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Welcome to Kefir Kommunity! This is your one-stop-shop for nutrition news from around the blogosphere. If it’s got to do with kefir or probiotics, chances are, it’s here. But you’ll also find cutting edge information, articles and links to stories about all things health – from workout trends to cool food science research, delicious recipe suggestions to expert Q & As. We love to share our passion for what we do with the best customers in the world, while offering you exclusive info on special events, deals, promotions and all sorts of other happenings at Lifeway HQ and beyond. We encourage  you to tap into the power of Kefir Kommunity’s blog by reaching out to us or fellow kefir fans with comments or questions. So make yourself at home, pull up a chair and stay a while. We promise to treat you right. 
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Special K in Your Kefir


Posted in [Calcium/Dairy], [Miscellaneous], [Nutrition], [research], [Vitamin K] By LifeWayKefir LifeWayKefir
1/19/2011 10:14 AM 

 Fans of Drs. Mehmet Oz and Nicholas Perricone may be familiar with Vitamin K after hearing these medical superstars lavish their praise. Also known as the clotting vitamin because of its role in blood clotting, vitamin K is a fat-soluble vitamin that may also maintain strong bones. Found in leafy green vegetables like kale, spinach, Brussels sprouts and cauliflower, as well as cereals, soybeans, and other veggies, Vitamin K is also made by bacteria that line the gastrointestinal tract.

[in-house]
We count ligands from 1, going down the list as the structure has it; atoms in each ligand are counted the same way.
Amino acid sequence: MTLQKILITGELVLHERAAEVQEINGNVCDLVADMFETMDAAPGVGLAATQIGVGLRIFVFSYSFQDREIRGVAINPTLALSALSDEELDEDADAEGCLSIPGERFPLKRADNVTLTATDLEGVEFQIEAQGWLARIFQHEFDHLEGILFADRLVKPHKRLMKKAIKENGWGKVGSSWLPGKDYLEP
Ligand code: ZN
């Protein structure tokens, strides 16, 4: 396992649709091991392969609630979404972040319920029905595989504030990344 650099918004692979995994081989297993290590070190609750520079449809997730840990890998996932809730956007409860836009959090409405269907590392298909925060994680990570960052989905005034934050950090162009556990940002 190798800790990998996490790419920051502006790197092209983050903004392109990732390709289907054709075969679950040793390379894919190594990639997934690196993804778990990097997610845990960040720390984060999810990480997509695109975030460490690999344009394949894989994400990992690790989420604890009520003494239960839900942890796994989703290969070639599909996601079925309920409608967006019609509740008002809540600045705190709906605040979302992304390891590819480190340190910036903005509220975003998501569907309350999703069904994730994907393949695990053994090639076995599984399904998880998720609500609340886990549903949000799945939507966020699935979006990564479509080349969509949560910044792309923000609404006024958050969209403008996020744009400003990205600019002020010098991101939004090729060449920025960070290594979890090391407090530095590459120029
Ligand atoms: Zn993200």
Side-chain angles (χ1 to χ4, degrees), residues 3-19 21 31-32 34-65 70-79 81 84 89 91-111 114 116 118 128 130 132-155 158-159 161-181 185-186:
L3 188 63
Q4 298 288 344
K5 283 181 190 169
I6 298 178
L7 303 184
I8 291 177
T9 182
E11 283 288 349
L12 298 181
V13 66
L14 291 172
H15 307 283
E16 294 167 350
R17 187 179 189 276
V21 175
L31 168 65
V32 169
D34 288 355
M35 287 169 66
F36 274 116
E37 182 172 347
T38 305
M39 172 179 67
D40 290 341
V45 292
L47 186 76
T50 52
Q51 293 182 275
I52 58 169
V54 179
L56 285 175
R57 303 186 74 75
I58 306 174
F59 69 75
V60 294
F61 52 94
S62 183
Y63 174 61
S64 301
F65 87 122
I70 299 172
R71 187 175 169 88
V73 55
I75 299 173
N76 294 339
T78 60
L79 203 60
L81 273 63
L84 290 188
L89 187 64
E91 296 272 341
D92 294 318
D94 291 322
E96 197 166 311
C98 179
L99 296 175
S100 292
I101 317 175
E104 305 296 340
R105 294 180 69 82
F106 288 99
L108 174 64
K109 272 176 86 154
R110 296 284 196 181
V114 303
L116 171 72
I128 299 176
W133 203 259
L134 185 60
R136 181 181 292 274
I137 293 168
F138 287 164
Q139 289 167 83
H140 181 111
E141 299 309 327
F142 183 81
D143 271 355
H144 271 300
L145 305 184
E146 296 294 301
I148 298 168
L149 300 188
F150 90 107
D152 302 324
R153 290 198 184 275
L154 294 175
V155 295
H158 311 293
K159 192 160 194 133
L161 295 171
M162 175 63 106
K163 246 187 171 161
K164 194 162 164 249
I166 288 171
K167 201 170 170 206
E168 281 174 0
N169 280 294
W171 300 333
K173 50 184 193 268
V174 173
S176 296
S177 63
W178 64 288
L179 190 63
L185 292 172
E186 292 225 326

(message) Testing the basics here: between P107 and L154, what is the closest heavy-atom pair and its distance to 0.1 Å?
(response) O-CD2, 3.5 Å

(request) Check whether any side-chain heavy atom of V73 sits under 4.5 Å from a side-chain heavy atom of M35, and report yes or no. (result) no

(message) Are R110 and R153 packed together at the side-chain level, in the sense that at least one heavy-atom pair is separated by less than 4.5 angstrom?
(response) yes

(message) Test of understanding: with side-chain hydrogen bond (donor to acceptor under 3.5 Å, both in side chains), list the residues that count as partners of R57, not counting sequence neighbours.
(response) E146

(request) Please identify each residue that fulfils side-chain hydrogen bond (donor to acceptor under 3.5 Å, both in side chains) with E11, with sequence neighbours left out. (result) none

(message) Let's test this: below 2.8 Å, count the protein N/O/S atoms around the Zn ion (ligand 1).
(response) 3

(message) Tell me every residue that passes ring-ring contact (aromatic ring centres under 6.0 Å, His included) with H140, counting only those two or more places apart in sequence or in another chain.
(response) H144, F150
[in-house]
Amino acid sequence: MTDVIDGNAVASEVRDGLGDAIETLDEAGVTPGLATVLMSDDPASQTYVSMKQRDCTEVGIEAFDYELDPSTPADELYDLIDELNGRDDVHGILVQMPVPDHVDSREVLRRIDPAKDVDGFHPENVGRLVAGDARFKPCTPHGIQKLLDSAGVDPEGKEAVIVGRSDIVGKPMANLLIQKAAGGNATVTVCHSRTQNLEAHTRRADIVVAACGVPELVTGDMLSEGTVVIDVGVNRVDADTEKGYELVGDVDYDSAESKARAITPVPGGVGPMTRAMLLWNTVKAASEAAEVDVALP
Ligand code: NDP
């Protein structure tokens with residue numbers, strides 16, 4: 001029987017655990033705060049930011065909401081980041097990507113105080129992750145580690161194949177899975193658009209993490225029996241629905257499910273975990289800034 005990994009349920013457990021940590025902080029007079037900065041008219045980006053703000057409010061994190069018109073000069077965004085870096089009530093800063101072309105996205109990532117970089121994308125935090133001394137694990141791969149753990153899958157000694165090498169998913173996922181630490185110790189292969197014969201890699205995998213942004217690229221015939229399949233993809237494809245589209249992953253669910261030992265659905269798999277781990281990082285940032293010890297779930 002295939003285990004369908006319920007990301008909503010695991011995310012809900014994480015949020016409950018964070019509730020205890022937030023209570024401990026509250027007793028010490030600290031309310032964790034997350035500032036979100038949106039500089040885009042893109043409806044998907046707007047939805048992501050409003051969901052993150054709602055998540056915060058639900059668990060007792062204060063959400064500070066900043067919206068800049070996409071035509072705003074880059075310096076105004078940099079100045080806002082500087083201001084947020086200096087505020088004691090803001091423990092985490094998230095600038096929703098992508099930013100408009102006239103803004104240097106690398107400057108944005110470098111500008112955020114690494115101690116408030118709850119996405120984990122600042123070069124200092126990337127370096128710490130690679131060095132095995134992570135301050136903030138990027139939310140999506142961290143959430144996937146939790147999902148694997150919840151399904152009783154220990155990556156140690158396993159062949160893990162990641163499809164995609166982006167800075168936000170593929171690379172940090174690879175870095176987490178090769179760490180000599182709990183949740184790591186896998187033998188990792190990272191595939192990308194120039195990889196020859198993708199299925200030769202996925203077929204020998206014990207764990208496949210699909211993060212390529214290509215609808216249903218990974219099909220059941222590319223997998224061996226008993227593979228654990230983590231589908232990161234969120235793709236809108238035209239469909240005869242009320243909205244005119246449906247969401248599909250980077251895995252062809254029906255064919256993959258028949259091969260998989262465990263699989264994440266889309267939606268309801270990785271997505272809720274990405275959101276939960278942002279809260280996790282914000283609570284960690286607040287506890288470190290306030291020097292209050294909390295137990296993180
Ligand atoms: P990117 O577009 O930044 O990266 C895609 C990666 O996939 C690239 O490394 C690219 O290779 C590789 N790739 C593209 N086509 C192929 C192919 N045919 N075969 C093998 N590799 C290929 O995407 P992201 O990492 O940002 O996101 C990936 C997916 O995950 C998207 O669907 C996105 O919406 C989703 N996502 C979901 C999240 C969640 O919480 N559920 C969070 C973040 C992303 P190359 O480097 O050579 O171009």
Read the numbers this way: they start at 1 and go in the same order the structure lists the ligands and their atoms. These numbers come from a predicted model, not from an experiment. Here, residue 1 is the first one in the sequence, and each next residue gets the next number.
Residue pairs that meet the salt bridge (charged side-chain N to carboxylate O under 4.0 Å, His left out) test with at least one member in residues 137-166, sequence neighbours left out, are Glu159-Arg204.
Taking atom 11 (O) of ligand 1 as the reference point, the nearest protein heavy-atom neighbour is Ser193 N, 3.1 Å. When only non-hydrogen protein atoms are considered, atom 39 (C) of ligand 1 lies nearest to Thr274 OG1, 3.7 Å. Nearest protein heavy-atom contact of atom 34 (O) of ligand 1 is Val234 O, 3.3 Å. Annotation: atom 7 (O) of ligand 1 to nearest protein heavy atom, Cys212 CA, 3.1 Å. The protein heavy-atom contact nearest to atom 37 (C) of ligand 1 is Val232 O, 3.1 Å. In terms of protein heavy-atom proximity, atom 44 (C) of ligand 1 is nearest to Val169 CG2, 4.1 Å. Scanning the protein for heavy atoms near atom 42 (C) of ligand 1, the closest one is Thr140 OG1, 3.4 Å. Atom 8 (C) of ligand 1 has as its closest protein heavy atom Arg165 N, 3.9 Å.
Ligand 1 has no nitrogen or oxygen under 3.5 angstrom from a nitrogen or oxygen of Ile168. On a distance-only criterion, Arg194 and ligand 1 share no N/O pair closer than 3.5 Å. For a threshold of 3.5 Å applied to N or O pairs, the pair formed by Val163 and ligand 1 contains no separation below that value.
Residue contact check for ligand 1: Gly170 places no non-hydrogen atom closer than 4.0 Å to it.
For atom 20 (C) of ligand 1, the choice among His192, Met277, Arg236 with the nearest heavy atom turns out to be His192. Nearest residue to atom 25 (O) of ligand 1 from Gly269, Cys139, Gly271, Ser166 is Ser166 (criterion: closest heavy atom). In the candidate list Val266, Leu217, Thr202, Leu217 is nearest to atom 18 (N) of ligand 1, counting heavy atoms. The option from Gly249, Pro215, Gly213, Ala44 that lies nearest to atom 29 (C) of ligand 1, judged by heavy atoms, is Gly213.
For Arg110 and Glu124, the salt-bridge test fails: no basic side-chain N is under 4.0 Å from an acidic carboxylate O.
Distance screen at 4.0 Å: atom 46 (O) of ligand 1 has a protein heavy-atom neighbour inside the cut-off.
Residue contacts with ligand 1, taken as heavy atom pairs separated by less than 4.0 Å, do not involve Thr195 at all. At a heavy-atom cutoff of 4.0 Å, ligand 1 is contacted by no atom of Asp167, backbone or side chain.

The vitamin is so essential that all newborns in the U.S. and Canada customarily receive vitamin K injections just after delivery. That’s because babies are born without bacteria in their intestines and cannot receive enough vitamin K from breast milk.
Vitamin K2 is a bone-building metabolic byproduct of vitamin K. K2 helps move calcium from your blood to your bone if you're calcium deficient, according to Dr. Oz. In fact, Vitamin K-deficient individuals have actually been shown to have a 30% increased risk of hip fractures than those with higher intakes. It’s created in the body by naturally occurring bacteria inhabiting the intestines, and can be found in an exotic food called natto, a Japanese fermented soybean dish. Sound too funky? You can also get K2 from low-fat cottage cheese, chicken, and certain cheeses.
Kefir is an excellent source of Vitamin K, along with calcium, magnesium, Vitamin B12, and probotics. According to kefir fan Dr. Perricone, kefir also contains lactoferrin, which stimulates new bone growth while preventing further breakdown of existing bone tissue. In addition, kefir lines the GI tract with healthy bacteria, crucial for vitamin K2 production.
For more information, see our article:  The 411 on Vitamin K

Note: Certain individuals need to be very careful with regards to their Vitamin K intake. If you are on Warfarin (Coumadin), or any other prescription blood thinners, you must ask your doctor about your Vitamin K intake, as it can interfere with medication.


Popular tags: Dr. Oz, Vitamin K, K2


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